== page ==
This optimism was felt in international politics. The Congress of Vienna resolved Europe’s problems after the Napoleonic wars, ensuring that the powerful governments would no longer battle one another in endless wars. A new liberal notion, called nationalism, was added to the other Enlightenment ideas of human rights and limited governments. Nationalism said that a nation—a group of people with common language, religion, culture, history, values, traditions—could live together in one place under a government of their own people, rather than having to live as part of someone else’s country. Nationalism was breaking apart empires like the Ottoman Empire, while at the same time it united countries such as Germany and Italy, both long fragmented into smaller pieces of property, each with its own government. German unification included brief border wars with Austria, Denmark, and France. Afterward, Otto von Bismarck of Germany pledged faithfulness to the same balance of powers affirmed in Vienna half a century ago. The United States endured a painful and destructive Civil War in the middle of the nineteenth century, but most powerful nations were able to push war to the fringes—to the nationalist revolution in Greece, the border conflict between Russia and the Ottomans in the Crimean region, the British effort to end the resistance of Dutch settlers in South Africa (the Boer War), and similar struggles in India, China, and other places far from the homeland of Enlightenment.

The same optimism prevailed in the United States. Believing that a Manifest Destiny gave them preeminence over North America, Americans defeated the Indian tribes and the Mexican government, soon stretching from the Atlantic to the Pacific oceans across the continent. The Civil War ended with the abolition of slavery, and industrialization helped to conquer the economic costs of the war. Education brought science, literature, morality, and patriotism to the growing population. Before the end of the century, America had become a world power, defeating the Spanish Empire, offering freedom to the island of Cuba while adding Puerto Rico, Hawaii, and the Philippine Islands to America’s domain.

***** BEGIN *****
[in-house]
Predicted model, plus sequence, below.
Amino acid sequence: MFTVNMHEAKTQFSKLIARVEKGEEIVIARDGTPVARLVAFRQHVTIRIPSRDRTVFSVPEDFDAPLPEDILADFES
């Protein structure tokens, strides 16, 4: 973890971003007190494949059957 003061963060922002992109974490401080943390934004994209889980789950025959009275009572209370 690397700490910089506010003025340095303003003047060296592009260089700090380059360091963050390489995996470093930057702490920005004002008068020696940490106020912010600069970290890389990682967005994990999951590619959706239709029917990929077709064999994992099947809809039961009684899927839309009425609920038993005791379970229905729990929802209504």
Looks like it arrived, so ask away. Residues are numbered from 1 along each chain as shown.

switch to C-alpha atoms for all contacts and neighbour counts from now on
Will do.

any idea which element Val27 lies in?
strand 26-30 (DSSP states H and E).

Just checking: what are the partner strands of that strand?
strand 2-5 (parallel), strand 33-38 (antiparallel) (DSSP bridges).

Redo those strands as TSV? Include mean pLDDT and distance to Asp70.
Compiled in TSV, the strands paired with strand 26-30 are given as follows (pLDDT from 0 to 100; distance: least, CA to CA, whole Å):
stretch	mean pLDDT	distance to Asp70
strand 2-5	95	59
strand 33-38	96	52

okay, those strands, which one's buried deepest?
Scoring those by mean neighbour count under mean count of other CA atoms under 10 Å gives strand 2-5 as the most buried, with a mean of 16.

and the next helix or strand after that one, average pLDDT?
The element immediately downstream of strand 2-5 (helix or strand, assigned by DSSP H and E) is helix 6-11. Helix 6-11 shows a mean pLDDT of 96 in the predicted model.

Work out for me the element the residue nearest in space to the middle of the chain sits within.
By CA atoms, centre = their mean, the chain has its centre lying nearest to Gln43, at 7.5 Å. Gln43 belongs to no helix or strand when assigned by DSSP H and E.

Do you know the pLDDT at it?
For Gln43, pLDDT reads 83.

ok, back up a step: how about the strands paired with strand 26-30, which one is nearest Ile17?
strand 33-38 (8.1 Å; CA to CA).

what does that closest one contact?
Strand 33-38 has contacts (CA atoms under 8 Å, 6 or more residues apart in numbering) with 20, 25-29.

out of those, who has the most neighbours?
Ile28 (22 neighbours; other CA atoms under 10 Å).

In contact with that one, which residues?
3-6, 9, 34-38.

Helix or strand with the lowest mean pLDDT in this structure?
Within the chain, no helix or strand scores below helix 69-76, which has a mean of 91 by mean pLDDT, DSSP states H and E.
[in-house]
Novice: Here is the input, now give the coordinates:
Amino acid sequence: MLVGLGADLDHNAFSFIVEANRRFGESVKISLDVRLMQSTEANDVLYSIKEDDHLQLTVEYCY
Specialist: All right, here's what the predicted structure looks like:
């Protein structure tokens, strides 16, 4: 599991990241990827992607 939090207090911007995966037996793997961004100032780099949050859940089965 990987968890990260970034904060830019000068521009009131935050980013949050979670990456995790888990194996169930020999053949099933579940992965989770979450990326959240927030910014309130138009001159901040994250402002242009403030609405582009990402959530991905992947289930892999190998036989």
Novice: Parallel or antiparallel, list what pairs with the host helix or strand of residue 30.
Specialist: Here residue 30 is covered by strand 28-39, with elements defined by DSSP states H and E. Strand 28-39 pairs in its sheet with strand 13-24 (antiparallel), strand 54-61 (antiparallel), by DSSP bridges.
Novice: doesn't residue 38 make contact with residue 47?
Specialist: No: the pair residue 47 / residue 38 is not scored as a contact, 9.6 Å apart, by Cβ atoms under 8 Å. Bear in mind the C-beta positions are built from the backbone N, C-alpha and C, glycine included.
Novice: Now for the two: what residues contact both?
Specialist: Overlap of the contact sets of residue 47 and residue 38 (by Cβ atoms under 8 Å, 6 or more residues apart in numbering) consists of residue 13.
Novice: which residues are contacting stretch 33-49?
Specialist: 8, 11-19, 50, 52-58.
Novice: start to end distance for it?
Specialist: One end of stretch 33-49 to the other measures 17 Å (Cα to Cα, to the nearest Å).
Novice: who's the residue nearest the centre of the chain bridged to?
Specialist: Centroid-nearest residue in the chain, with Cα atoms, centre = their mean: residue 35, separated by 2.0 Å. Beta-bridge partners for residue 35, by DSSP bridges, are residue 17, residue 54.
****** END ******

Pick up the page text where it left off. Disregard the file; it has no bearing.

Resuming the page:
Optimism was felt in religious spheres as well. Some Christian scholars, building upon the Enlightenment, purged the Bible of superstition and distilled from it ethical guidance for human life. Others held firmly to the historic teachings of the Bible, laboring to bring Christ to people everywhere. Christians countered the oppressive effects of capitalism and industrialism, delivering food and medicine and Gospel comfort to the poor, encouraging business owners and governments to defend the rights of the working class, and rescuing sinners from the evils of alcohol, gambling, and prostitution. The same fervor sent Christian explorers into the depths of Africa, Asia, the Americas, and the south Pacific lands. The brought the Gospel of Jesus Christ; they also brought medicine, scientific knowledge, and the benefits of civilization while working to counter slavery and other oppression and to gain knowledge of the geography, resources, and populations of previously-unknown portions of the world.

This was the Victorian Age: a time of optimism, accomplishment, and unceasing progress. Science and education would improve life for people everywhere. Heaven on earth was achievable. Queen Victoria’s death early in the twentieth century seemed little more than another ceremonial passing of the torch to the next generation. People did not realize how quickly their optimism could be overturned. J.